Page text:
The EU has continued its advancement of initiatives and intentions to combat the drug shortage problem.  The latest communication is titled “Communication from the Commission to the European Parliament, the Council, the European Economic and Social Committee and the Committee of the Regions: Addressing medicine shortages in the EU” (here).  This is a deep dive into the status and accomplishments as outlined in the EU’s five-year strategy (here).  Regardless of document titles, statistics, or economic impact, this EU update stays true to mitigation of the risk that “shortages put the health and well-being of citizens at risk.” 

While the complexity of regulations in the EU is recognized among its twenty-seven member states, the activities in the global economy should be considered for similarities and contrasting traits.  Some similarities with this document and the FDA publications are: 

  • Recognition that a disproportionate number of generic drug substances and components are sourced from non-EU- and non-U.S.-based suppliers (i.e., India, China). 
  • Regulatory flexibility can be key to mitigating drug shortages. 
  • Measures exist to predict or assess areas when a drug shortage “might” happen (i.e., ICH Q9 application of supply chain risk assessments). 
  • Close government/industry partnerships are key to jointly identifying and mitigating shortages when they happen. 

The EU publication identifies the intent to develop specific IT tools, referred to as a new “European Shortages Monitoring Platform,” to be operational in 2025.  Artificial Intelligence (AI) is intended to feature prominently in this platform as demonstrated by the quote in the communication: “Artificial intelligence will also be used to provide information about trends in demand and supply from existing data.”  This declaration also includes identifying some significant risks that may hinder its delivery or sustainability.  One of the more significant risks is the potential shortage of labor that is “well versed” in not only AI but also in the “regulatory framework, quality assurance and control.”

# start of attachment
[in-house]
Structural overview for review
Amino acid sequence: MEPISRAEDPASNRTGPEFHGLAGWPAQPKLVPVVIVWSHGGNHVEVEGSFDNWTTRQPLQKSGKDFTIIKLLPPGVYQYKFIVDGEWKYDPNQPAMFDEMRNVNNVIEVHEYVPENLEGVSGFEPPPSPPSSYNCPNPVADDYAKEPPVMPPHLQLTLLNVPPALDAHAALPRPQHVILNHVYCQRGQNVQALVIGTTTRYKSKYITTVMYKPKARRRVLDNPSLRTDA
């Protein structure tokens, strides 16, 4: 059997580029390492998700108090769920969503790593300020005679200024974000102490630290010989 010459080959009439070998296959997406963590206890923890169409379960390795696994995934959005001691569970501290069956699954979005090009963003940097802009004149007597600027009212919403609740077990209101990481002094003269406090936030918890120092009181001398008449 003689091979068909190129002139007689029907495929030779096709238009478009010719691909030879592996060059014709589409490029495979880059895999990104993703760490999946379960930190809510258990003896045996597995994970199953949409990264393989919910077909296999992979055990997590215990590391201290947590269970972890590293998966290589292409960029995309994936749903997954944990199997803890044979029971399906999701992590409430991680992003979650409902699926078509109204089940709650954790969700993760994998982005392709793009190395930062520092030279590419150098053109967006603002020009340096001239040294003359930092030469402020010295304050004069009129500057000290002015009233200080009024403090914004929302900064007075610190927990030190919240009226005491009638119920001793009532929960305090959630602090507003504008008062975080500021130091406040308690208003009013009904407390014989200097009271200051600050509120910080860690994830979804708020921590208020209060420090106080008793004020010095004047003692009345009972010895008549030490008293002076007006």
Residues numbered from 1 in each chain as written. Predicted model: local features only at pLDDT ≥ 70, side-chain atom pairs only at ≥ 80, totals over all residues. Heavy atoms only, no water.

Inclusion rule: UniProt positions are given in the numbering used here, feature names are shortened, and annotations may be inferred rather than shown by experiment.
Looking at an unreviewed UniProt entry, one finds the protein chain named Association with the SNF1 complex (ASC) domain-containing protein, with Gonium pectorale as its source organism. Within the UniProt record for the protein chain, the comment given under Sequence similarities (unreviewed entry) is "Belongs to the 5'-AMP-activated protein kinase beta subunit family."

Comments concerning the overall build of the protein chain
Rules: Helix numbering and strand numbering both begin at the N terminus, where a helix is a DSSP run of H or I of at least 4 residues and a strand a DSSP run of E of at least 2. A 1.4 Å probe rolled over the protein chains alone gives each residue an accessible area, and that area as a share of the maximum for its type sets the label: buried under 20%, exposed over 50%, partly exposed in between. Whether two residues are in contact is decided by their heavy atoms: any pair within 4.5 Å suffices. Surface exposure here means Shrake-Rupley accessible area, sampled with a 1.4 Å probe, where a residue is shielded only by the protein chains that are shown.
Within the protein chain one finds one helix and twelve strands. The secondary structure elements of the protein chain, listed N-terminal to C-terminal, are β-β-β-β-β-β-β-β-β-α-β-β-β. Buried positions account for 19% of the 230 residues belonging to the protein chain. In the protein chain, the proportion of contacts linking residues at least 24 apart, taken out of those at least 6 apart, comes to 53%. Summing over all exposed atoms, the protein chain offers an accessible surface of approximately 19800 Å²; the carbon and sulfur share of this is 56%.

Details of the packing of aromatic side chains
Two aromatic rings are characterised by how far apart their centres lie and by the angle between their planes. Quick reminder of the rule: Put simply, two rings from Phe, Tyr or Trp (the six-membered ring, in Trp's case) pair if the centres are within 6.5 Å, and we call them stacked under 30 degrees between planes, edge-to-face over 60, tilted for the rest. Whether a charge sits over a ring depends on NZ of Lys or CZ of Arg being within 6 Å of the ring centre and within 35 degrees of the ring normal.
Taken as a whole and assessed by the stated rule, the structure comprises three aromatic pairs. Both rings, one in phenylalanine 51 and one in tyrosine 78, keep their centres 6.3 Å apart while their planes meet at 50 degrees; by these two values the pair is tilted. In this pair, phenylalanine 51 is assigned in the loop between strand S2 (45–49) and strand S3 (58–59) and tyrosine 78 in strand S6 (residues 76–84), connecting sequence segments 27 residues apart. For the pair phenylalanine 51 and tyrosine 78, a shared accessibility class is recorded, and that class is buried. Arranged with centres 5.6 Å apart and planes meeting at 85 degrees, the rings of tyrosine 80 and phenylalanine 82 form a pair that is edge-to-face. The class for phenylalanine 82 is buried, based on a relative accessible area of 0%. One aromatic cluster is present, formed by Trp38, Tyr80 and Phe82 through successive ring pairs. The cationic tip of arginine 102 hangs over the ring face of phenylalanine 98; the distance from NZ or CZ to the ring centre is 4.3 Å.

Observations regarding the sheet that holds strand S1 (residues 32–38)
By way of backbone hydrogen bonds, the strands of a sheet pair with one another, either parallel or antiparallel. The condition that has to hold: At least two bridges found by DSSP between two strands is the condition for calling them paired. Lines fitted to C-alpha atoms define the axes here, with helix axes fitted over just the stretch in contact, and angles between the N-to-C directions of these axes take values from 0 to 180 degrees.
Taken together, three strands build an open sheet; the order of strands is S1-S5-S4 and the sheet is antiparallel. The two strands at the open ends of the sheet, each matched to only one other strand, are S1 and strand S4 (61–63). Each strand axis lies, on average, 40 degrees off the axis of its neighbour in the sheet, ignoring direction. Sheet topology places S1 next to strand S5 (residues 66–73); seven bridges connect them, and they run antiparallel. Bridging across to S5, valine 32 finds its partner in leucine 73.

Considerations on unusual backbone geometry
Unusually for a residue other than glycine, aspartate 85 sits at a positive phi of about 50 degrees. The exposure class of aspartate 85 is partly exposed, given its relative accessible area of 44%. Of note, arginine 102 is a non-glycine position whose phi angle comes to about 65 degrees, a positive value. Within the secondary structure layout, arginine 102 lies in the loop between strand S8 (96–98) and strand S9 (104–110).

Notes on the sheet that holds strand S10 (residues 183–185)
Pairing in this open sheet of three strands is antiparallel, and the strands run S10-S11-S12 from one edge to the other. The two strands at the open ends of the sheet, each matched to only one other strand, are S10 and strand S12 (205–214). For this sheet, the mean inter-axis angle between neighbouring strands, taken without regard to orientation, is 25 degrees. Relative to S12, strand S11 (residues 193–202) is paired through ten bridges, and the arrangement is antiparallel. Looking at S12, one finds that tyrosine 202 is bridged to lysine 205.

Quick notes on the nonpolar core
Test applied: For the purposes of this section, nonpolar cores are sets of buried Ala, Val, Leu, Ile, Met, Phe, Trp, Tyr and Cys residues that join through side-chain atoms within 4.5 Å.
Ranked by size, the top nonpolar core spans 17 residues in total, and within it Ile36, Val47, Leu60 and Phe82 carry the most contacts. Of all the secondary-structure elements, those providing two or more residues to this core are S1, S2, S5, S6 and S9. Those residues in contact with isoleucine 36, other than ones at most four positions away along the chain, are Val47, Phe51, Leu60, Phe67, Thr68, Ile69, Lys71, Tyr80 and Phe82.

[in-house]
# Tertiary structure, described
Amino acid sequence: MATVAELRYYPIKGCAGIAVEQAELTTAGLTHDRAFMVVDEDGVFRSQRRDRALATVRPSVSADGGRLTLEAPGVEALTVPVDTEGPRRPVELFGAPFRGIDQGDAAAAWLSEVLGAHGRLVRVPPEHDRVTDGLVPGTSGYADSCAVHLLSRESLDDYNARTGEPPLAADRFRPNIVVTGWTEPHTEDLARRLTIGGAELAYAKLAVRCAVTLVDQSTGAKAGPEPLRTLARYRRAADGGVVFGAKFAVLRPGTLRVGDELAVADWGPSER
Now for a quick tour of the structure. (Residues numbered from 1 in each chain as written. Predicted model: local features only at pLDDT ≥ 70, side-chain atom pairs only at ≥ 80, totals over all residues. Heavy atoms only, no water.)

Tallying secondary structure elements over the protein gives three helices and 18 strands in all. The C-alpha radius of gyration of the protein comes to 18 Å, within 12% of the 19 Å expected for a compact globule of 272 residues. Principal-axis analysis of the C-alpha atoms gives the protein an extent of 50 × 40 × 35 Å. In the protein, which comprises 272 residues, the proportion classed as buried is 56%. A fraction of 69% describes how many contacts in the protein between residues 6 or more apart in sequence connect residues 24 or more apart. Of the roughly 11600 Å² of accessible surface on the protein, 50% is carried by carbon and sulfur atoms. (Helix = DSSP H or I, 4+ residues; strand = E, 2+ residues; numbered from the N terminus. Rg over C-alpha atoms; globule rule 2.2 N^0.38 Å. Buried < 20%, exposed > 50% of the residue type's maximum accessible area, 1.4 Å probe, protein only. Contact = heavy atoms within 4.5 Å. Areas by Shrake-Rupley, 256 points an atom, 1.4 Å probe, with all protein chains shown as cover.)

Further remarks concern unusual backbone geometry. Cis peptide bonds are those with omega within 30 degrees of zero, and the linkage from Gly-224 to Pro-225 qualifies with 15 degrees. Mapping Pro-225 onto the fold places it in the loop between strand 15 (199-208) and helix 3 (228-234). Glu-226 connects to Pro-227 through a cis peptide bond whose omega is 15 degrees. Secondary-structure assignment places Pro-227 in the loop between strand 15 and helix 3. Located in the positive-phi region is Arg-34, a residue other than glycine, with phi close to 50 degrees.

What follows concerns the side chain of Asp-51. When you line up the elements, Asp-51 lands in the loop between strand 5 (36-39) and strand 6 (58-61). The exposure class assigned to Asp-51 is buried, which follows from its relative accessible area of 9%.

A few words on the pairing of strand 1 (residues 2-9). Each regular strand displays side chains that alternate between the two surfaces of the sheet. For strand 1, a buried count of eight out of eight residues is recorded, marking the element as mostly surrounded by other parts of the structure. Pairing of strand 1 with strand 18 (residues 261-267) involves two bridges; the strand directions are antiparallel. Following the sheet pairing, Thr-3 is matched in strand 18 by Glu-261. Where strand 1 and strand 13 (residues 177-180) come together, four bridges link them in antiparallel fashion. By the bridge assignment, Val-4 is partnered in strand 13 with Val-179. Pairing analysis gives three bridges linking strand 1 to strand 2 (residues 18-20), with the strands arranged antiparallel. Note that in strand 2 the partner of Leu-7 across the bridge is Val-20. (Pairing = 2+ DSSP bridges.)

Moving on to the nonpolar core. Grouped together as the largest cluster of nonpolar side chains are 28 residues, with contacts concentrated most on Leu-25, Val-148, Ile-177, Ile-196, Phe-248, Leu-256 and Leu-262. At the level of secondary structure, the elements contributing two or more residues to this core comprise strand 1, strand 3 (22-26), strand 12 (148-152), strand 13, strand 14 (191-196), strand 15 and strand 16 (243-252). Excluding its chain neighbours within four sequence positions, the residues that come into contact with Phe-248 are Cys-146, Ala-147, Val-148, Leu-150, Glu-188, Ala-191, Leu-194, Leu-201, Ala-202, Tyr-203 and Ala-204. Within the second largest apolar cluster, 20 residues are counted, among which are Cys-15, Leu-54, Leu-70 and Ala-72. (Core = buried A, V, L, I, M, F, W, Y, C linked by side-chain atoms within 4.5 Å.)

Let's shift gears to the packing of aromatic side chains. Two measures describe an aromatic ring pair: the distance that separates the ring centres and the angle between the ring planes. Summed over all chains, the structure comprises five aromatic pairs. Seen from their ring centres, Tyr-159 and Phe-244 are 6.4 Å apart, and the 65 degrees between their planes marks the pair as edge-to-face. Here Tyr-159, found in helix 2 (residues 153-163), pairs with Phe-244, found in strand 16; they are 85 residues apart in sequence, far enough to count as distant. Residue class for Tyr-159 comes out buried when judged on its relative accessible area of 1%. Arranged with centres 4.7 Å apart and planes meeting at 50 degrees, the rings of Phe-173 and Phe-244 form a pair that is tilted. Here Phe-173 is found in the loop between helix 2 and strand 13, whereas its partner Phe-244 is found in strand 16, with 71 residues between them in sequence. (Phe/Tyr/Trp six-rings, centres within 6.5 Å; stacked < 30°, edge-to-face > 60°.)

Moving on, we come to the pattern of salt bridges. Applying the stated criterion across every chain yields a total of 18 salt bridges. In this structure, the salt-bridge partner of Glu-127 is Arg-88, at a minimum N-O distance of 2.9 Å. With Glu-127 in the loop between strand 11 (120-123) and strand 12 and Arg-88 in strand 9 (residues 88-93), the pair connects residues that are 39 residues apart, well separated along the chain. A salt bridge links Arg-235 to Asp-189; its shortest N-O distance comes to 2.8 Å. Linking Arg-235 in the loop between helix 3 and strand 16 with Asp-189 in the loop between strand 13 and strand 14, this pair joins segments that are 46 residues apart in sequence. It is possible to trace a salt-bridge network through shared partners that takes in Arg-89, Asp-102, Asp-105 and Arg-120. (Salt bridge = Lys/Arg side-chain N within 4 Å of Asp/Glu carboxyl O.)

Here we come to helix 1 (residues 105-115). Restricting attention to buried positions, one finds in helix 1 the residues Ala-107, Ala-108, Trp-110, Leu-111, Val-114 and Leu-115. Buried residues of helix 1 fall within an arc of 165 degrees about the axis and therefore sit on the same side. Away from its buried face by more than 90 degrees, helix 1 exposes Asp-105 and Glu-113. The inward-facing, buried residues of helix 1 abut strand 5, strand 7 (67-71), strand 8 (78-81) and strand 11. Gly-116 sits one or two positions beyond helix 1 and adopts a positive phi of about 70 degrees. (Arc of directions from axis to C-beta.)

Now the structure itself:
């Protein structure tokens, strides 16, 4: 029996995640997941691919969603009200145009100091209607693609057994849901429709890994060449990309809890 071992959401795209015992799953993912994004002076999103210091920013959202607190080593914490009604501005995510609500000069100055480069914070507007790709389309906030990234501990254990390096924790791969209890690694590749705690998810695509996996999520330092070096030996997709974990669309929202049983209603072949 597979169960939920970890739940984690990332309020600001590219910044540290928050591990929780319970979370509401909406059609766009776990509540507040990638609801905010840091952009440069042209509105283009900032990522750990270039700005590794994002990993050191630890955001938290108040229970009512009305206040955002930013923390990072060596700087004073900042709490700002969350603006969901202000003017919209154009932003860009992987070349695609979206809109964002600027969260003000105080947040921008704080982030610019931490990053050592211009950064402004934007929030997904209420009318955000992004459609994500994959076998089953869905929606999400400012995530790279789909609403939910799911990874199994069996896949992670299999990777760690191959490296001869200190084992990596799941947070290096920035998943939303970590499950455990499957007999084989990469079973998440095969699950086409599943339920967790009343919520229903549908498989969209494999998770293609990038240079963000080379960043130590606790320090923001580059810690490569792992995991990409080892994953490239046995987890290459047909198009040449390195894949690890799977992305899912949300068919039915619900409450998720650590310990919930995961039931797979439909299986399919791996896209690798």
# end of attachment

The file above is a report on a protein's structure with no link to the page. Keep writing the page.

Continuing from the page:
For more on cross-agency cooperation and additional insight on emerging AI regulatory publications, please see a recent blog found (here).  With all the recent publications released in this fast-moving and evolving environment, companies are encouraged to assess the risk(s) they may experience and identify mitigation strategy as part of their 2024 objectives to ensure not only organizational focus but also the supply of critical medicines to patients.  If you need any help assessing your firm’s risks or developing a strategy to mitigate them, Lachman can help!  Please reach out to us at